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What Dropping the Cuba Trade Embargo Could Mean for U.S. Farmers

Kristofor Husted/Harvest Public Media
Farmers like the ones that plant these flooded rice fields in southeast Missouri see Cuba as a new market for their crop.

When President Obama announced in late 2014 that he would work toward ending the embargo on trade with Cuba, it wasn’t just tourists perking up their ears. Midwest farmers and ranchers see communist Cuba as an untapped market for goods from the American Heartland.

One of those farmers is Paul Combs, a rice farmer from southeast Missouri. Cuba can be an important market for farmers like Combs, who already depend on exporting their products.

“We’re excited about normalized relations with Cuba,” Combs said. “Until 1963, Cuba was the biggest market for U.S. rice.”

Credit Kristofor Husted/Harvest Public Media
Rice farm owner Paul Combs says Cuba could be a large market not just for U.S. rice, but for other commodities as well.

Combs says some of his rice ends up in milling operations stateside where it’s milled into rice flour and rice bran that you find on grocery store shelves. Anheuser-Busch snaps up some of Combs’ rice, too, for beer. The rest of the bins are loaded onto barges and shipped down the Mississippi River where they head out of the country.

“The primary markets for that export market are Mexico and then all of the countries in Central America,” Combs said.

Right now, Cuba imports tons of rice from Asia. Since Cuba sits smack dab in the middle of a busy U.S. trade route, American farmers think they can supply higher quality rice at a cheaper price than what Cubans are currently buying from Vietnam. And cheap is the name of the game for an island with a big import market.

“They’re a small country but they’re having to import 60 percent of their food requirements to feed the population,” said Bill Messina, an agriculture economist at the University of Florida.

In 2014, Cuba imported more than $2 billion worth of food products – much of which is bought in bulk from countries in Asia or South America, Messina says. But Cuba doesn’t have a ton of space to store extra crops, which could be an incentive to buy American.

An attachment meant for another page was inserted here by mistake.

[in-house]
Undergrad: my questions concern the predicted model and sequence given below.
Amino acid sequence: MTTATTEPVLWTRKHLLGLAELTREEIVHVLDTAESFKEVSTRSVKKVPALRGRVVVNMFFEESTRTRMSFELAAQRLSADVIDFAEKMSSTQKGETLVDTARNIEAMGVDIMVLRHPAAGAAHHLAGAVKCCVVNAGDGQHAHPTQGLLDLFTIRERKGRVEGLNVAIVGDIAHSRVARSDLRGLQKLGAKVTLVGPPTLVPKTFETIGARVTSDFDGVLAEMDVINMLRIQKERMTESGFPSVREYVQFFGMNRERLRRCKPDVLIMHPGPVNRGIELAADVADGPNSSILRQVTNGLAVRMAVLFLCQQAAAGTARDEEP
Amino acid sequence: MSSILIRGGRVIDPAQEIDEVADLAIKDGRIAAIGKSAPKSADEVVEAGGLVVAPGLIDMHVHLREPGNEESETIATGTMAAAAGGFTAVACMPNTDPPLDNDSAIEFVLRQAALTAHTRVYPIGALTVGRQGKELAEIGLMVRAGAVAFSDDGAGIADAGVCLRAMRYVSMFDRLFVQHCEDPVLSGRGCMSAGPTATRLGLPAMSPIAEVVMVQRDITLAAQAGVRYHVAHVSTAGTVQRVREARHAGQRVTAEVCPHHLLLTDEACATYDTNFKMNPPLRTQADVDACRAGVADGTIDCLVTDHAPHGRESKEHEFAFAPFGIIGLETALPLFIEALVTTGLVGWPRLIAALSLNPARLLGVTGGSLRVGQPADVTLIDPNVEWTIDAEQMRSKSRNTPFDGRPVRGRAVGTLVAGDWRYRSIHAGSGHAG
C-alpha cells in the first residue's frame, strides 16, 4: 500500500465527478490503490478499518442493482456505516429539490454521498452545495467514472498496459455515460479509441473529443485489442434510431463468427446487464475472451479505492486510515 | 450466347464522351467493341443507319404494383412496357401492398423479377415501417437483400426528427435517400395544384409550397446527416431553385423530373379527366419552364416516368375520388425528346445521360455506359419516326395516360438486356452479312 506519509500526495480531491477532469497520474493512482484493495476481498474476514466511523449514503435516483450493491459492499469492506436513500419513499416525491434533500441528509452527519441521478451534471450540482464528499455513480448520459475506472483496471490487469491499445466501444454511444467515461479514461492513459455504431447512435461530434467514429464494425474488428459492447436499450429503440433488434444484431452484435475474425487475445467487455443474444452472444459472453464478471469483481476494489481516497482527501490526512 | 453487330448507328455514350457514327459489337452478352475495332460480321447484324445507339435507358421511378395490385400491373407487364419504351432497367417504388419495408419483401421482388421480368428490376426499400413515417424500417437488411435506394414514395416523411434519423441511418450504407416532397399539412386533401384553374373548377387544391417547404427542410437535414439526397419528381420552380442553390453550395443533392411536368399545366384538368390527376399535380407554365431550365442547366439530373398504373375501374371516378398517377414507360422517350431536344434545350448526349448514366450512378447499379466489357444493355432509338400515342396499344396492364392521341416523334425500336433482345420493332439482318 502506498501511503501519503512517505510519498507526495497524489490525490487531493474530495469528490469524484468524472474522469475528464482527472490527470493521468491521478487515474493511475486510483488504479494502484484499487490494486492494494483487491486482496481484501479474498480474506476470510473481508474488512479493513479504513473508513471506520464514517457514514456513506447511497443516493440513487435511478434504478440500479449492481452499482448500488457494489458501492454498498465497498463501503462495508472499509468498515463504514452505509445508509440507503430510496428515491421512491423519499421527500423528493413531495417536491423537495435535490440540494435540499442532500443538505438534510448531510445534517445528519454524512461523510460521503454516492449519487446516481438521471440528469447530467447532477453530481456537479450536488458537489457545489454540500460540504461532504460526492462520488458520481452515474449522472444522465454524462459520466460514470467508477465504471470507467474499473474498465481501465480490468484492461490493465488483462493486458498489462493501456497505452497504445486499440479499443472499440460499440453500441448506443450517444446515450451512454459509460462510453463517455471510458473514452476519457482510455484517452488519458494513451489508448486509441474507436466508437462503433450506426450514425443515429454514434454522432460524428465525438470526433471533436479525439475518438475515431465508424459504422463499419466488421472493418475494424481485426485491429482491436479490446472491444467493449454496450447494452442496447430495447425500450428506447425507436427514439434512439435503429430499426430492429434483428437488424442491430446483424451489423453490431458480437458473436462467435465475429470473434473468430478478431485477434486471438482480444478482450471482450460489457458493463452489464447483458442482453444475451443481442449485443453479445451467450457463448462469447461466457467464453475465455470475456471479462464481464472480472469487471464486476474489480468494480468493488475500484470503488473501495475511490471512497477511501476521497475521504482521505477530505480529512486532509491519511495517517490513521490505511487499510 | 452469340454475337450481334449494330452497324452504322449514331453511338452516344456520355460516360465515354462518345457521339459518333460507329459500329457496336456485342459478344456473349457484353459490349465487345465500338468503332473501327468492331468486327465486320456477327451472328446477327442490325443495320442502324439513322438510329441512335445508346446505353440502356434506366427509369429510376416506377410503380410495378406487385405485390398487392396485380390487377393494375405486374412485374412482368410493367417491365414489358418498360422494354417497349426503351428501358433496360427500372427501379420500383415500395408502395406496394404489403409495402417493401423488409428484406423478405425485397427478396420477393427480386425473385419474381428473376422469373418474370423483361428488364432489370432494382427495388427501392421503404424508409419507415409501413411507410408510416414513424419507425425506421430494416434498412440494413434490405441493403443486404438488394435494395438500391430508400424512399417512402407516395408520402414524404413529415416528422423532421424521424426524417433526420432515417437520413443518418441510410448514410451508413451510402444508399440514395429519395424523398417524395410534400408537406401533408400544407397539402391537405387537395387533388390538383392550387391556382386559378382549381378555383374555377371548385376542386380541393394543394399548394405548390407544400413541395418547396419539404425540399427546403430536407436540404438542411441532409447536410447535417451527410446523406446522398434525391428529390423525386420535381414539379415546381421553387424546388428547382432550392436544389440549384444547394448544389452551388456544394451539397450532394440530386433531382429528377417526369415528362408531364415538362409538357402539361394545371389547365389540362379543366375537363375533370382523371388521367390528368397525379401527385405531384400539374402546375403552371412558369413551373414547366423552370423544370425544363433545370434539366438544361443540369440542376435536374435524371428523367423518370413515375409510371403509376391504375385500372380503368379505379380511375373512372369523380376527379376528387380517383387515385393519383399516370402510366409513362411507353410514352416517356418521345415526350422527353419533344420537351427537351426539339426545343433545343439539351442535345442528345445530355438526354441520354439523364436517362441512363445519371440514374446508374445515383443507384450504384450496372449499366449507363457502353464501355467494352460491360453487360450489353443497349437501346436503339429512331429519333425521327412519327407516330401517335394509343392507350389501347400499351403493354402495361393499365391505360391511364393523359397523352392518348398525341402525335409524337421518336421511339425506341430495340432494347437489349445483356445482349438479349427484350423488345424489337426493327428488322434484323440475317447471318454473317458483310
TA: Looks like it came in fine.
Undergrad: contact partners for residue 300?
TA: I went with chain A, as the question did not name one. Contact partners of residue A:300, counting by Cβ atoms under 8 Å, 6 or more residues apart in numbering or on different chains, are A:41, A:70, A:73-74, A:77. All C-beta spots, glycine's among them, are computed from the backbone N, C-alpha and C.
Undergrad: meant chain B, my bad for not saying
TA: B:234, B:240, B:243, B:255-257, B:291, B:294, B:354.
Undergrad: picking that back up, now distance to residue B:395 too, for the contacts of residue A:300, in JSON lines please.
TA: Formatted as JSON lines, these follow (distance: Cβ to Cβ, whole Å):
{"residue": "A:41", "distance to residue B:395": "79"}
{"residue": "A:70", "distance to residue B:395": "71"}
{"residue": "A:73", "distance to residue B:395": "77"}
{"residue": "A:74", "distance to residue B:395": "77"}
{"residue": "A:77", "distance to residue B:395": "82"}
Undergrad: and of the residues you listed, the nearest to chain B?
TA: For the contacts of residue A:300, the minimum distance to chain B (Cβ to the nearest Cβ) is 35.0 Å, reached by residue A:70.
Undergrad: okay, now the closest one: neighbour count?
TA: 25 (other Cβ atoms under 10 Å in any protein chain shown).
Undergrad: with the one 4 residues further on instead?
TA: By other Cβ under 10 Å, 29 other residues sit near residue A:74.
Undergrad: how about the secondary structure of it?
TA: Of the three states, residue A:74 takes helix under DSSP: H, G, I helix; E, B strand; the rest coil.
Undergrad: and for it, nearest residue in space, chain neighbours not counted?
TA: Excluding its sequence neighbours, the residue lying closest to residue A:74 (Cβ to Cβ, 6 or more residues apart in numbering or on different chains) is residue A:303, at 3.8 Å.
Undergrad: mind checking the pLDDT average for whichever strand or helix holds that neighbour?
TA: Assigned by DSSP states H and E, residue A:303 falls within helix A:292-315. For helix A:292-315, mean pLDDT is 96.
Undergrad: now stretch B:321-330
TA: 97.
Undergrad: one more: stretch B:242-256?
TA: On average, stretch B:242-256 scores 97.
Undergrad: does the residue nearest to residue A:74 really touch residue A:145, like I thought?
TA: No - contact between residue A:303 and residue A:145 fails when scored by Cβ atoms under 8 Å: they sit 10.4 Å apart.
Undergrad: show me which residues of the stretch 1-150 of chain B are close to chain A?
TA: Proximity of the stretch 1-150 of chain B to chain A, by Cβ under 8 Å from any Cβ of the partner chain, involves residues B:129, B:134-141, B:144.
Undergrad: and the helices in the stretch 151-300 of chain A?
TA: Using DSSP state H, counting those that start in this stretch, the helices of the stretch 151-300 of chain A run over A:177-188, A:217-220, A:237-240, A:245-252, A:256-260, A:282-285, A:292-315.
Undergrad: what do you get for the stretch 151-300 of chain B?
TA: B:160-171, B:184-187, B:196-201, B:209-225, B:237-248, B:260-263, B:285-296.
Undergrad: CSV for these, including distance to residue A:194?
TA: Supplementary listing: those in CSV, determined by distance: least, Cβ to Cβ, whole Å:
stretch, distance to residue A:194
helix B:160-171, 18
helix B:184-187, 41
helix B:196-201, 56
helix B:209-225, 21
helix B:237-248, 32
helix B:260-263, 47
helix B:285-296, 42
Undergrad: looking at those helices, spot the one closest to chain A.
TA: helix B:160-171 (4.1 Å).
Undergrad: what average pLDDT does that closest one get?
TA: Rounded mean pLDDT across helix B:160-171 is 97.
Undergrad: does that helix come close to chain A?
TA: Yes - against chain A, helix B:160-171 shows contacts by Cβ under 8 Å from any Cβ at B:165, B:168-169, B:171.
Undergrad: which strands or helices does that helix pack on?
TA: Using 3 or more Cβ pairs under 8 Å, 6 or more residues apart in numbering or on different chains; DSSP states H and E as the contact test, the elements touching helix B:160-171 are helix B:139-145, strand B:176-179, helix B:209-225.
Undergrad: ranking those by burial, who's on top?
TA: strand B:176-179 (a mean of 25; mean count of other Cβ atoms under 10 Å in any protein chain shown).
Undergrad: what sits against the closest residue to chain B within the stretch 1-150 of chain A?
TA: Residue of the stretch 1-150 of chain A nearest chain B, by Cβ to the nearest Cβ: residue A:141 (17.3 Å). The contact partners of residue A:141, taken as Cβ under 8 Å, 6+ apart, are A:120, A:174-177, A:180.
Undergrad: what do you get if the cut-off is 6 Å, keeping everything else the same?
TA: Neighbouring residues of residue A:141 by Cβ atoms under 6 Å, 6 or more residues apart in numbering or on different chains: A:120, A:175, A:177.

“Its secure and dry warehouse storage facilities make it much more difficult for them to be importing large volumes like that,” Messina said, as opposed to the “smaller volumes that they could purchase from the United States.”

The U.S. has been able to export a limited amount of food to Cuba under a deal President George W. Bush made, but many commodity groups are calling for a full end to the trade embargo and complete access to all of Cuba’s market. But that takes an act of Congress.

“We always are looking for opportunities – whether it’s in Asia or whether it’s 90 miles from our shore – to sell more beans, or rice, or corn, or pork, or poultry,” said Sen. Claire McCaskill of Missouri.

McCaskill, a democrat, visited Cuba recently. She’s says the U.S. is the only country not openly trading with Cuba and it’s time to drop the embargo, which would not only help American producers, but Cuban citizens, too.

“The Castro government is using the American embargo as an excuse to the people of Cuba to explain their lack of prosperity,” she said. “It’s time we rip away that excuse.”

Rice farm owner Paul Combs said ramping up rice exports for Cuba would be a welcome change. He says it’s impossible to know if it will be as big of a market as it was in 1963, but ultimately, American rice could act as the gateway commodity for the rest of the agriculture industry.                                                         

“As time goes on if their economy improves because of increased tourism, then you start to sell them the higher priced agricultural products like beef from Missouri or pork from Missouri,” he said.

Indeed, the National Chicken Council, American Soybean Association and the US Cattlemen’s Association are among dozens of commodity groups pushing for an end to the embargo. They hope their products are next in line.

Kristofor Husted is a senior reporter at KBIA in Columbia, Mo. Previously Husted reported for NPR’s Science Desk in Washington and Harvest Public Media. Husted was a 2013 fellow with the Institute for Journalism and Natural Resources and a 2015 fellow for the Institute for Journalism and Justice. He’s won regional and national Edward R. Murrow, PRNDI and Sigma Delta Chi awards. Husted also is an instructor at the Missouri School of Journalism. He received a B.S. in cell biology from UC Davis and an M.S. in journalism from Northwestern University.